Blood and Bandages
Dorothy had come and greeted her that morning, bringing her out to breakfast and fulfilling the role of host which Benjamin had so faithfully executed at prior times. Now, she sat in her bed, reading Benjamin's green covered book and thinking it much later in the day than she had expected him returning. In fact, everyone seemed to have expected him sooner, and breakfast had held an unspoken tension which caused her to feel slightly out of place. She thought of Benjamin, considering his continued absence, and becoming concerned.
'The day is half over, and Dorothy said his meeting was at dawn... no wonder they were all so tense, they probably don't know what's happened to him, either.'
At last, there was a knock at the door, followed by the sound of a familiar voice which caused her some relief.
"Avera, are you there?" Benjamin asked politely.
"Yes, come in please," she replied sweetly.
"Good morning, or... afternoon, I suppose," he greeted cheerfully, though somewhat bashfully. His face wore a friendly smile as he entered through the door, and her heart sunk as she saw his arm wrapped in bandages. The cuff of his bright white tunic was spattered with bloody crimson, as was the left hand side of it.
"Benjamin, you're hurt!" she exclaimed, her face stained with unwanted surprise and fearful horror.
"Ah, yes..." he said awkwardly, "the bandages."
"Yes, Ben!" she said, thoroughly disturbed by it. "Blood and bandages!"
"Well, it's... all right, now," he told her, assuring her of his wellness. "It's been attended. I am... sorry that I was delayed in my returning. I didn't wish to concern you."
"Concern..?" she replied in dramatic disbelief.
'Does he think this is normal?'
"Ben, what happened?" she asked, suddenly noting the dried blood trapped around the edge of his fingernails.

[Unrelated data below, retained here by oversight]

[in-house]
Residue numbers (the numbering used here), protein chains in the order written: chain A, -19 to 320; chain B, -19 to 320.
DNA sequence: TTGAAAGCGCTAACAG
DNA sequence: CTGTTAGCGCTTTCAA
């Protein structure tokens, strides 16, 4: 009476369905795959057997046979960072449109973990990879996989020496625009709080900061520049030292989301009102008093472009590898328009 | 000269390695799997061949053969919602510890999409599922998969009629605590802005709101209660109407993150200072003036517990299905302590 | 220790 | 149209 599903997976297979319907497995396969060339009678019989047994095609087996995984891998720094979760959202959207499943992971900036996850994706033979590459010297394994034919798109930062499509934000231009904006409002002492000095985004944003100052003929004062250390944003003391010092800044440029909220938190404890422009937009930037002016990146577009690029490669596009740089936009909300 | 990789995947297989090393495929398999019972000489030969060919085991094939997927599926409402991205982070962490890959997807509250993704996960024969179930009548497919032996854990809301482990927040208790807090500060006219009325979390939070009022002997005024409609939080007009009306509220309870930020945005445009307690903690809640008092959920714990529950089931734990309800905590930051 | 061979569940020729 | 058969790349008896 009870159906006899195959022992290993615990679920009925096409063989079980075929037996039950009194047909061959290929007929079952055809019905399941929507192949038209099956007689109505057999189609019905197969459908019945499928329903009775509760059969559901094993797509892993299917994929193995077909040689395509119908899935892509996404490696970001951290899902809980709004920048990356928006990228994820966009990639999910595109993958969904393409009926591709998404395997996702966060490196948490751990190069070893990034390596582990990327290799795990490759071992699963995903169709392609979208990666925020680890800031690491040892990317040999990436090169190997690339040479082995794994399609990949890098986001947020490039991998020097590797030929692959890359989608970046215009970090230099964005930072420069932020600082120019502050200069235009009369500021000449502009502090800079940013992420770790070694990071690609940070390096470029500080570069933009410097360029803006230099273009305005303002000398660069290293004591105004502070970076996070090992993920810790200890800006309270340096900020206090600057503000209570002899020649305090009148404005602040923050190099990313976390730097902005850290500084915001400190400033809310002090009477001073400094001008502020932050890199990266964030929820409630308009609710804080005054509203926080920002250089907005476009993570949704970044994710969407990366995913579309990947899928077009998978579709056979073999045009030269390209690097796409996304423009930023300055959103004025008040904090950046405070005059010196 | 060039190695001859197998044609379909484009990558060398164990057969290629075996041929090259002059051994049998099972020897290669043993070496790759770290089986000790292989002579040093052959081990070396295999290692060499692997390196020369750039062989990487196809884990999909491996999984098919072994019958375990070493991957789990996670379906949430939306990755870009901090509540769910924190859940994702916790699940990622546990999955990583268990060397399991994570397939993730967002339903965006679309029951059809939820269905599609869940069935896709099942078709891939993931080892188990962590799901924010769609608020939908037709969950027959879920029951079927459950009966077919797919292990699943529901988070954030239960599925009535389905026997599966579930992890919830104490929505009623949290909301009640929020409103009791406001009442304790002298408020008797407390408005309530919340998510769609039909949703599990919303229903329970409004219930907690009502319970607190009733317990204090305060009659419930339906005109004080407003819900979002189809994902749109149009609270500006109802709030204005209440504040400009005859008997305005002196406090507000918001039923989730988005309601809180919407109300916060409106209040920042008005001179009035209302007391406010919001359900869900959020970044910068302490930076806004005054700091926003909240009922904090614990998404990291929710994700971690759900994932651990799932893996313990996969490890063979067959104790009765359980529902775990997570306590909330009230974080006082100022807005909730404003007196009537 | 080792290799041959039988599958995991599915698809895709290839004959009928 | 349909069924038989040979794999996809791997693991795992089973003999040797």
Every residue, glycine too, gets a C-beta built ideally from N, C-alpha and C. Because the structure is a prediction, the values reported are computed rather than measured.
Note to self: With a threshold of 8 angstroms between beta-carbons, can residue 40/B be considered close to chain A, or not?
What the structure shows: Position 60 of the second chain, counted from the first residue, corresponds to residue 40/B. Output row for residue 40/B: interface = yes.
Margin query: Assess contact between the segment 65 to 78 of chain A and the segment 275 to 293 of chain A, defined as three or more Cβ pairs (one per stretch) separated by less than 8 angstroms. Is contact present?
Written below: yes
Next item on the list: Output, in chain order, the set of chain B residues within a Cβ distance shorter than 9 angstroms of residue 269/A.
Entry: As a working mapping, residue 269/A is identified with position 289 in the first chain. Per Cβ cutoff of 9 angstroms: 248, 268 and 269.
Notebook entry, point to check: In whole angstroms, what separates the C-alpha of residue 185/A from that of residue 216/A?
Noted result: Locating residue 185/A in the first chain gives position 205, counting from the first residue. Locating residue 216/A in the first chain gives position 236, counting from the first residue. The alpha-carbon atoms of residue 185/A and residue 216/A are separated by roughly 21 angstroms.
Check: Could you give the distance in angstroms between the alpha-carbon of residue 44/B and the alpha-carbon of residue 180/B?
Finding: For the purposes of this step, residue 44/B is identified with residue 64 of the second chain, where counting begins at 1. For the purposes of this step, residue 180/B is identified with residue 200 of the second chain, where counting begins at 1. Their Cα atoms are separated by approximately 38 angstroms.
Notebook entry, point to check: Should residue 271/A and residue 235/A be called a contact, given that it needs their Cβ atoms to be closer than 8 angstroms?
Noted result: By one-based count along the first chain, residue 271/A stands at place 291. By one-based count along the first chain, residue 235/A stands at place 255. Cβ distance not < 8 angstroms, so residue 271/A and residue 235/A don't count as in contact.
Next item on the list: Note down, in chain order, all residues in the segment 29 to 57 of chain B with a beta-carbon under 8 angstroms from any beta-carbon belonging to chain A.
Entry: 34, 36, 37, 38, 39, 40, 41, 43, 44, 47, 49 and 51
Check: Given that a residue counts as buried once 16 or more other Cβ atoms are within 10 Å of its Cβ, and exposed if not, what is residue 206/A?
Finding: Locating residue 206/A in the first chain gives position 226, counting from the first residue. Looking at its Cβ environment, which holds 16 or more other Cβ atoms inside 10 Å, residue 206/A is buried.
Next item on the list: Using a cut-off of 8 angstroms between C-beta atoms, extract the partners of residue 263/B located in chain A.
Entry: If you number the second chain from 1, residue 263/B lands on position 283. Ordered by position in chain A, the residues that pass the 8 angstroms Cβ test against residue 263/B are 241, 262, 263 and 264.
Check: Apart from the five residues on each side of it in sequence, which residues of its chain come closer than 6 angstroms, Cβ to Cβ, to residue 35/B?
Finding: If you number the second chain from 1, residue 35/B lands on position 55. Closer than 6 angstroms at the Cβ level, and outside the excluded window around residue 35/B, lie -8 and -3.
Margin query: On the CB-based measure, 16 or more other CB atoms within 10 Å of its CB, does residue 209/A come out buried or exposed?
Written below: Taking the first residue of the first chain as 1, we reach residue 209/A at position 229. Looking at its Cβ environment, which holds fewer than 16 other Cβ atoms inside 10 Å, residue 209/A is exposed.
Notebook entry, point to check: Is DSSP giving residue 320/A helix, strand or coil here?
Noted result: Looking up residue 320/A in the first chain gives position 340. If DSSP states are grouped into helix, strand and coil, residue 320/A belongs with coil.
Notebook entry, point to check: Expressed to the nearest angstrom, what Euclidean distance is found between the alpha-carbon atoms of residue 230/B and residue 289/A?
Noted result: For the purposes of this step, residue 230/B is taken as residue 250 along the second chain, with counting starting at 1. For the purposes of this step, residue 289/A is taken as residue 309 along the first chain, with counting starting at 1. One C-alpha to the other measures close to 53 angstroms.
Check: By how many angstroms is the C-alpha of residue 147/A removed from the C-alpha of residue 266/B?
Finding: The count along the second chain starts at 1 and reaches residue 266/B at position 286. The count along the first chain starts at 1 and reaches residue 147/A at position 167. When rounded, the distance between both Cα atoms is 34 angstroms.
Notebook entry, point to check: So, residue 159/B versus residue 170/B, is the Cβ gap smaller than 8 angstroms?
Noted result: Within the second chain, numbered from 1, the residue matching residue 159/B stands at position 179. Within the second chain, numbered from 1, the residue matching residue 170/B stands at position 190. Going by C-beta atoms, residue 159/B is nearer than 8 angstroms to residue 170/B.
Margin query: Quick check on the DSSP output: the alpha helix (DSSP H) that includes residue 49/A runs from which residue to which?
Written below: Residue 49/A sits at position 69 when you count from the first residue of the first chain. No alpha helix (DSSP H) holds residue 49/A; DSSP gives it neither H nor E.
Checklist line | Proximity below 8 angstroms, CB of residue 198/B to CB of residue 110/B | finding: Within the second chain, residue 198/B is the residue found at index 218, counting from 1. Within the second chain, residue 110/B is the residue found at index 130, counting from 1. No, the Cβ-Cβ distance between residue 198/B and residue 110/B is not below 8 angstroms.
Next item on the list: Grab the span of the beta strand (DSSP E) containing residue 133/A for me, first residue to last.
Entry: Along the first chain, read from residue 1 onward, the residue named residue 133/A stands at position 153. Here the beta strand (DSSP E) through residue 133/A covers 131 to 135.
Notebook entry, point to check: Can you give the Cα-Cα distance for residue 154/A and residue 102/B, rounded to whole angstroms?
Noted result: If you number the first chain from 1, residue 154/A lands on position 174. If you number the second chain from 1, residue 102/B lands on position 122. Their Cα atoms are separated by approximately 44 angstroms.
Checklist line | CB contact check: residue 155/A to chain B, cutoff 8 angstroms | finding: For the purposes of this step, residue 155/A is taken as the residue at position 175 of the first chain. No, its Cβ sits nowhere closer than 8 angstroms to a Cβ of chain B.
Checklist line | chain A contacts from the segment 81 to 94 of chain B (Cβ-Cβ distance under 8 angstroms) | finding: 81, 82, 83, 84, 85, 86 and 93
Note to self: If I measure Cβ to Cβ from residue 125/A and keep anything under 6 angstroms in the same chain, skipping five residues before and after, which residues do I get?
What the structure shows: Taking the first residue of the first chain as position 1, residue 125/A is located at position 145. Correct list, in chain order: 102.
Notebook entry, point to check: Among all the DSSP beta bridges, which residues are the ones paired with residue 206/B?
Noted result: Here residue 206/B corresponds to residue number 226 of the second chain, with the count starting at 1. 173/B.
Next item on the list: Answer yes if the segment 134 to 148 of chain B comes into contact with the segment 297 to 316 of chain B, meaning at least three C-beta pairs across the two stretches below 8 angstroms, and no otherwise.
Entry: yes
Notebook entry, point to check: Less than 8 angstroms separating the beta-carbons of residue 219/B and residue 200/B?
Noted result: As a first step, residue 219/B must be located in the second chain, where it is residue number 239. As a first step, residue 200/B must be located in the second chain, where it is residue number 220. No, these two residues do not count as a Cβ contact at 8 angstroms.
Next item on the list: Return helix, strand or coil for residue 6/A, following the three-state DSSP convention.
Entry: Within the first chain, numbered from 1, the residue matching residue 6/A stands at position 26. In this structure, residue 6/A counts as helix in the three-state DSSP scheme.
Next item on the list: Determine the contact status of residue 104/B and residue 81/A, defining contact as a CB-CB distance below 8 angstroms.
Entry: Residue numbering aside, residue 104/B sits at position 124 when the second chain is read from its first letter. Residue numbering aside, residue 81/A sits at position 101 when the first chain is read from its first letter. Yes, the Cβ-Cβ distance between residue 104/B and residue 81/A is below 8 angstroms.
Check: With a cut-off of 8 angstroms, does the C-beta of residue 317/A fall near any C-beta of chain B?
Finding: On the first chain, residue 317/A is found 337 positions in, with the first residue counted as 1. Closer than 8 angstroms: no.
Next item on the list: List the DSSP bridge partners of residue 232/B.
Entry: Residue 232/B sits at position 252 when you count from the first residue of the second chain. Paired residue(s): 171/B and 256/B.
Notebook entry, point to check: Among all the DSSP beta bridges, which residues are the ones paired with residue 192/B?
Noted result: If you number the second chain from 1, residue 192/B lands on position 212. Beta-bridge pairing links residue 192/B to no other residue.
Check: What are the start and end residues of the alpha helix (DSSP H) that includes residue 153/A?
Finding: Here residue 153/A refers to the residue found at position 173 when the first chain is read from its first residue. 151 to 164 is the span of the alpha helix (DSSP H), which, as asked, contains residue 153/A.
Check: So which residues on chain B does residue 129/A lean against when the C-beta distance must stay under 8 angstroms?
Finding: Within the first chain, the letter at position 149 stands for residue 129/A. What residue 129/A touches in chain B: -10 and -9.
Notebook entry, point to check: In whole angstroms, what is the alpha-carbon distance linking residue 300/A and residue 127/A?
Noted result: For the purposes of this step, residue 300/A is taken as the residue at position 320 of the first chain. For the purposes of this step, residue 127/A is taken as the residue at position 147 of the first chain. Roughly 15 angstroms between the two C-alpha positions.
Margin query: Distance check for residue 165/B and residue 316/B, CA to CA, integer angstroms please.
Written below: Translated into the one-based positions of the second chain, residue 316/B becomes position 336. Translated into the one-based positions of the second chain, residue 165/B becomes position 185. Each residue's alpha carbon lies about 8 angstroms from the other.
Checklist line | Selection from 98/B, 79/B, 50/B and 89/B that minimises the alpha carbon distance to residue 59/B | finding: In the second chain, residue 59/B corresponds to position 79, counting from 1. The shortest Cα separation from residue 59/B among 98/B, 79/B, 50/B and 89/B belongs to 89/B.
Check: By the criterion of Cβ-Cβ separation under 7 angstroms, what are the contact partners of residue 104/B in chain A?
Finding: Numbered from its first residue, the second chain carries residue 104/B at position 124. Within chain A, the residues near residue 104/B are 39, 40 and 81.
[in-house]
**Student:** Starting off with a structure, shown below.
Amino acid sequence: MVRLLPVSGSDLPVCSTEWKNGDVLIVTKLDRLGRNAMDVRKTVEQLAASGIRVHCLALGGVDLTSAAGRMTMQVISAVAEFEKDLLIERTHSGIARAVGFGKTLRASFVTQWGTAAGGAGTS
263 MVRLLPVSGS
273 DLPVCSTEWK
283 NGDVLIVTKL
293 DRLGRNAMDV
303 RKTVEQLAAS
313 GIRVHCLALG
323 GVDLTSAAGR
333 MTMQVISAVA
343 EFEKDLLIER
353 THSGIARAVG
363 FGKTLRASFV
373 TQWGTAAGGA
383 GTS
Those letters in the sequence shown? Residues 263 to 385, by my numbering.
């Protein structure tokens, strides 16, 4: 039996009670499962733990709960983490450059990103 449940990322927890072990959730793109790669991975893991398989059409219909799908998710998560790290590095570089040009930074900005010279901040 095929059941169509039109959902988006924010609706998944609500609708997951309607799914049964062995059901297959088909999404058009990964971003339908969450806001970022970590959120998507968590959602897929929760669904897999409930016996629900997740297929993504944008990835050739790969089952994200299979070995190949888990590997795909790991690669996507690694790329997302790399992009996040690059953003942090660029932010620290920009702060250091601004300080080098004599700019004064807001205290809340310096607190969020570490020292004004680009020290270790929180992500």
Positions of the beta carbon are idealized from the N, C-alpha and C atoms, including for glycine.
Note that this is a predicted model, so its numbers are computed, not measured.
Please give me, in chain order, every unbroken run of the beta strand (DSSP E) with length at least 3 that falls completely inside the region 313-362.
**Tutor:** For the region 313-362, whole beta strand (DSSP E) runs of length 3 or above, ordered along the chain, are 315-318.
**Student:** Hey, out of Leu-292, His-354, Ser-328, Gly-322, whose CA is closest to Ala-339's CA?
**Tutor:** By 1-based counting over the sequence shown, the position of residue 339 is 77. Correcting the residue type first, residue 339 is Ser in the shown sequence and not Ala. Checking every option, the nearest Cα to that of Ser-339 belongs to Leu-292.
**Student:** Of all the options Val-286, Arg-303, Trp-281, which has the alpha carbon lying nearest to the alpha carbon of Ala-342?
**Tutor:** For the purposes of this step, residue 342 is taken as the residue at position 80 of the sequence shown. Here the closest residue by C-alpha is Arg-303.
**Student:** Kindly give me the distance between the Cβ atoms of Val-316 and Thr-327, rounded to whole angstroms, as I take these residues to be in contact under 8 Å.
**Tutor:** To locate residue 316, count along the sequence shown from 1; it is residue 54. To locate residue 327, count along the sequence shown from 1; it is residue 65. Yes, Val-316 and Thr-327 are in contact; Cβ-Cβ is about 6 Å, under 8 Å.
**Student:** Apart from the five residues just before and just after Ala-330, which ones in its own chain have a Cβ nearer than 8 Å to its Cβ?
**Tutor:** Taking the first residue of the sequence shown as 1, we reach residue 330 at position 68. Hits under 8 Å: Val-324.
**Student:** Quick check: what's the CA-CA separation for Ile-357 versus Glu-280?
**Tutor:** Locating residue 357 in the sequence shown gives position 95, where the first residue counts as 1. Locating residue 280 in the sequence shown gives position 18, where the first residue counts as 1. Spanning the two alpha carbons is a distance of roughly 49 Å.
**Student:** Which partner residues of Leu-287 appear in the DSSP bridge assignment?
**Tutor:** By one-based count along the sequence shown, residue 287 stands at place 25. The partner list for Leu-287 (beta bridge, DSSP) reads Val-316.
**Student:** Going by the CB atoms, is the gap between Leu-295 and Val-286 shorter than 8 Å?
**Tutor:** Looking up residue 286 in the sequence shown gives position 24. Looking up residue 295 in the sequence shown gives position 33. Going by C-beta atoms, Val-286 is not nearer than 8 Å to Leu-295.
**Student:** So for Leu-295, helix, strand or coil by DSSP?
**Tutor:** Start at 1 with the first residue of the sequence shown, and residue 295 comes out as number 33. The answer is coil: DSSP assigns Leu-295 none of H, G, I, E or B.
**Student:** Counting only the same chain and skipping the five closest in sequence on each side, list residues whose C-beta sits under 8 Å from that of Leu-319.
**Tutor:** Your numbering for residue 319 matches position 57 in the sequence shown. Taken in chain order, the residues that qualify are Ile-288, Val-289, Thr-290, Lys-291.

He leaned back against the door, pushing it closed with a sigh. "We had a correspondent, a ranking official in the army. He had helped us gather necessary information and countless resources. He was also a go-between to pass messages between us and our contact in the capital. It went several days, then weeks, almost a month, and we hadn't heard from him. There was no communication at all. We were all very concerned. Then, we received a message, but... something seemed wrong about it. Still, I believed it necessary to go to this meeting and see for myself what had happened. I thought, perhaps, he was in some sort of danger or under suspicion. This morning, I followed the letter. When I went to meet him, I found myself in the midst of an ambush. Whether you might say by fortune or providence, I escaped with only the loss of some blood, and for that, I am very grateful. Still, I am sorry you must be witness to this. I would have spared you from it all."
Avera looked away, but it was difficult for her to keep herself from staring. The blood stains on the pristine gold and white of the shirt sleeve captured her view. She couldn't say why, but the blood terrified her. Then a voice came back to her, the voice from a dream. No, a terrifying nightmare. There was blood and terror. Shouts were heard in the streets. People were dying, and she was left, totally incapable of escaping the horror as the buildings burned around her and the people were devoured by darkness.